Speaker 2: (47:13)
Jeremy White, POLITICO.
Jeremy White: (47:16)
Hey governor, thanks for taking my question. Going to ask the thing that I think is on everyone’s mind which is who you are picking to get to the World Series this year? Just kidding. As you noted, ballots have gone out around state today. I know you’ve been busy with bill signings and budget stuff. But I’m curious to know, can we expect to see you hitting the trail for ballot initiatives you’ve endorsed or for congressional candidates or the president in the coming weeks?
Gov. Newsom: (47:40)
While I appreciate that question and it’s one that a number of people have asked me and we just haven’t made the determination. So I think you framed it and I appreciate you framing it as you did, as it relates to what we’ve had to address in terms of bill signing. Some of these wildfires addressing, trying to get the stability, addressing the issues related to transmission of COVID. So campaigning, politics is not been top of my mind. That said, now that the ballots have dropped, now that we are moving into this final sprint in this last month, I recognize the imperative and importance of that. We’ll make some assessment and determination. But my fundamental responsibility, my top priority is my job governing the state of California, not campaigning for others, to the extent campaigning for causes that impact and benefit the state of California. We certainly look forward to doing more and saying more in that space.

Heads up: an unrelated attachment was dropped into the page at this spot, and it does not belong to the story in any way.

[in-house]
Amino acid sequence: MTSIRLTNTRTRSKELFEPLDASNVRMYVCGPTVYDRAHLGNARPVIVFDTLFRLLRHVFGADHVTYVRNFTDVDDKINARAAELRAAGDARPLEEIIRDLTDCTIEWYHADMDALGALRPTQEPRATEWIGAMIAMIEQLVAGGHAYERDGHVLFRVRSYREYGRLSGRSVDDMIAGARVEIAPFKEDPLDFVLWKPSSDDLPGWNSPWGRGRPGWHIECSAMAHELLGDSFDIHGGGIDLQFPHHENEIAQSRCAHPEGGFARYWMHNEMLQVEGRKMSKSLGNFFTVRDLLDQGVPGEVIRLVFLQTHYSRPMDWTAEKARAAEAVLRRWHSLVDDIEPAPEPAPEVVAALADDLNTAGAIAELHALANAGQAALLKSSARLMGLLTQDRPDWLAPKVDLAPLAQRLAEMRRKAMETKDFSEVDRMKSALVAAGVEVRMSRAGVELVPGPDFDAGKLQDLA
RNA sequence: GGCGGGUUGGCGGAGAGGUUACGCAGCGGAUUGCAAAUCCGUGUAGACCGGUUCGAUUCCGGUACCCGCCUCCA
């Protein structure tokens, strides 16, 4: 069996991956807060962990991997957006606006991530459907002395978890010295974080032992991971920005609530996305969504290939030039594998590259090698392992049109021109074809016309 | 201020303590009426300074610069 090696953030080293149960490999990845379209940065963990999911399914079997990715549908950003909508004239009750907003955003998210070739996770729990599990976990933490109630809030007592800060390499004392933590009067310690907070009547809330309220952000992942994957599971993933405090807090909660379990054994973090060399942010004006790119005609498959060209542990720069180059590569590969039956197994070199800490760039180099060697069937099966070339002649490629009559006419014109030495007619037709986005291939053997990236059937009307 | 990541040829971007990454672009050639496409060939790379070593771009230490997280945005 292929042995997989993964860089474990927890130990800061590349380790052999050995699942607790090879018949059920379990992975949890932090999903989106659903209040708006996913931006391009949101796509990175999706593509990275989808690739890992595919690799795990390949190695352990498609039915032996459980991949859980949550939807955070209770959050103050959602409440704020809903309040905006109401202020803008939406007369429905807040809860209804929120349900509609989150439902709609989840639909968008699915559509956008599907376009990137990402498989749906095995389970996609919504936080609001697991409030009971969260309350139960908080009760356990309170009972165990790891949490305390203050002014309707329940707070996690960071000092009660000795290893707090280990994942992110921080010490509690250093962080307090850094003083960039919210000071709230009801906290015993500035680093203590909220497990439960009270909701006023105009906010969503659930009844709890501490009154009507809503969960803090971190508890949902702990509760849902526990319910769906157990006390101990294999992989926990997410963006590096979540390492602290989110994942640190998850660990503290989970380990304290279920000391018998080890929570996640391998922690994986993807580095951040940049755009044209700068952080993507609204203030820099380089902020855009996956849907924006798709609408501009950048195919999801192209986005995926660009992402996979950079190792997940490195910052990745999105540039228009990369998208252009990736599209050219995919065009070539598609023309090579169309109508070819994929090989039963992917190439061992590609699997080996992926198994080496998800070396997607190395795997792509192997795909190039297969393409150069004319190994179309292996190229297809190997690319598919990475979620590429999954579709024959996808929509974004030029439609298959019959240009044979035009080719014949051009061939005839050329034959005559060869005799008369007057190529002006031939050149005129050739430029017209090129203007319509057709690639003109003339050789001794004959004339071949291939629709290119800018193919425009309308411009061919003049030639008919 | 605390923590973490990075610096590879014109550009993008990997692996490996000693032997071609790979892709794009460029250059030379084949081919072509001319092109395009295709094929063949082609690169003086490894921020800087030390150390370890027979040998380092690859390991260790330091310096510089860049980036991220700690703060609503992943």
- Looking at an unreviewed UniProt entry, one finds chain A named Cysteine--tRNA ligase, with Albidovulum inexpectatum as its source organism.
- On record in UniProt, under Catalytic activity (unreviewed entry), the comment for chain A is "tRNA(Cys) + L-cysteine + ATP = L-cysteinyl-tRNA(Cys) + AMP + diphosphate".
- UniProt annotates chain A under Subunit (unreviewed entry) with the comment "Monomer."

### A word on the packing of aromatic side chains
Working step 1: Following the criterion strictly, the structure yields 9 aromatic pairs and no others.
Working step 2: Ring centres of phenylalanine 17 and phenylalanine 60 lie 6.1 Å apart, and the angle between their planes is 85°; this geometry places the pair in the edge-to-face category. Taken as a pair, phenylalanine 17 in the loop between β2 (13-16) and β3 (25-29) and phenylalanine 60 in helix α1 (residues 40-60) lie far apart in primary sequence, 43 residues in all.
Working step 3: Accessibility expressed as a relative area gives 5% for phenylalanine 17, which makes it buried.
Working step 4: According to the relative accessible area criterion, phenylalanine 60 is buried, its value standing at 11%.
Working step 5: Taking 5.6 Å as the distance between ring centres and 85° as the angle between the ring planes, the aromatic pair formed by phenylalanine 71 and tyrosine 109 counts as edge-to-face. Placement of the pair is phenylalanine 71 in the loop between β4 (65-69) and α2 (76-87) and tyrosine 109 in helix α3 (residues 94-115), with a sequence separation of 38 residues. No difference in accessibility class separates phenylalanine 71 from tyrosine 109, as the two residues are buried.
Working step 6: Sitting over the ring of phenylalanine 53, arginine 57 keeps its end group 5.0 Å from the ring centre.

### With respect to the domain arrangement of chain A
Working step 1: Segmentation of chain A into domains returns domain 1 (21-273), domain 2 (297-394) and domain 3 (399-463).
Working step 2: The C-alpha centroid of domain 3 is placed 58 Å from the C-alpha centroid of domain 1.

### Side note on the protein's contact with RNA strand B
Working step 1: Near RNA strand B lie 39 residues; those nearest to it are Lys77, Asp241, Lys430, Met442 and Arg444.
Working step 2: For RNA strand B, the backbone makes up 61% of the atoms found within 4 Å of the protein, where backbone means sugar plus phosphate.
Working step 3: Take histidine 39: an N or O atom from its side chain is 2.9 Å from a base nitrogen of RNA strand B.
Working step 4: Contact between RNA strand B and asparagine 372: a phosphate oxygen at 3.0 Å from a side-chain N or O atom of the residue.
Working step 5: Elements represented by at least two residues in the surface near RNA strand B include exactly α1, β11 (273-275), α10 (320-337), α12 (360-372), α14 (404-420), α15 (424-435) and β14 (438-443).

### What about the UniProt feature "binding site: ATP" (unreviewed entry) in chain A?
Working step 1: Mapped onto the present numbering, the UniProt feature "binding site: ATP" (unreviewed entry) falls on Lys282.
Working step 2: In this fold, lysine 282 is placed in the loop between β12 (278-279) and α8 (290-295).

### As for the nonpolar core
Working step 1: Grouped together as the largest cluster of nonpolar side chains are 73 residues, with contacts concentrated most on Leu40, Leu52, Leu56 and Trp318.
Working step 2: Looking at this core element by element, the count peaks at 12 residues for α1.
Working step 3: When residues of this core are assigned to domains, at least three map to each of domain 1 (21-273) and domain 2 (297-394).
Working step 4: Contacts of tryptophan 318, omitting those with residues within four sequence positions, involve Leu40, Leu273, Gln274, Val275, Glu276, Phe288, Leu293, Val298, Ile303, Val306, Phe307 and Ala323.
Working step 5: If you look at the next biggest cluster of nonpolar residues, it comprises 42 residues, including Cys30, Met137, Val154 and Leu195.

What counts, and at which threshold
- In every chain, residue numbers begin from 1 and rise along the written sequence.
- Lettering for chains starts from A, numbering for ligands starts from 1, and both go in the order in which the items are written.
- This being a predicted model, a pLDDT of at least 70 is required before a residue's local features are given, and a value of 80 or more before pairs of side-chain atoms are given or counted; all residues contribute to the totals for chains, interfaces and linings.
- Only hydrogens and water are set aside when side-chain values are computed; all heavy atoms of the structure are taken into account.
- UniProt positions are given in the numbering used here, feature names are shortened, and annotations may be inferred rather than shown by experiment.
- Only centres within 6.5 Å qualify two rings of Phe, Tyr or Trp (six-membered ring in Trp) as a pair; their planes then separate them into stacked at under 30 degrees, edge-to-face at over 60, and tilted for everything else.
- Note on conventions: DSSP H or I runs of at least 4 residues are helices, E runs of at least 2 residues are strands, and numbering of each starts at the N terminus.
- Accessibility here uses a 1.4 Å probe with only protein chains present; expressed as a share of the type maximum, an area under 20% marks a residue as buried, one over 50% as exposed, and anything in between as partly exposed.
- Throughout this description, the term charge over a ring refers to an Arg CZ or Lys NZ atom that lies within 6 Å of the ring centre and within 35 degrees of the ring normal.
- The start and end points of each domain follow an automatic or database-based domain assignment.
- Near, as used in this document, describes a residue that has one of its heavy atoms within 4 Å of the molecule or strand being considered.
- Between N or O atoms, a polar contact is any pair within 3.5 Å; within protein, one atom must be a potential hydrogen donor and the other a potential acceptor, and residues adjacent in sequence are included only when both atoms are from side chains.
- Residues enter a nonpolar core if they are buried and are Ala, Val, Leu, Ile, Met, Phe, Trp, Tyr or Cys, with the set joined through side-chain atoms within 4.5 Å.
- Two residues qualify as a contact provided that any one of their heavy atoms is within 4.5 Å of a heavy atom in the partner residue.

Speaker 2: (48:41)
Final question. Angela Hart, Kaiser Health News.
Angela Hart: (48:46)
Thank you, governor. The president’s positive COVID test has raised some questions about your own COVID testing. Just wanted to ask you, so previously on a few occasions, you’ve said that you did not want to get tested to preserve those tests and then later you were tested which turned out negative. So how many times have you been tested in total and what were the results? Are you regularly tested? And I’m also wondering if you are planning on perhaps changing your thinking about this approach given the president’s positive test?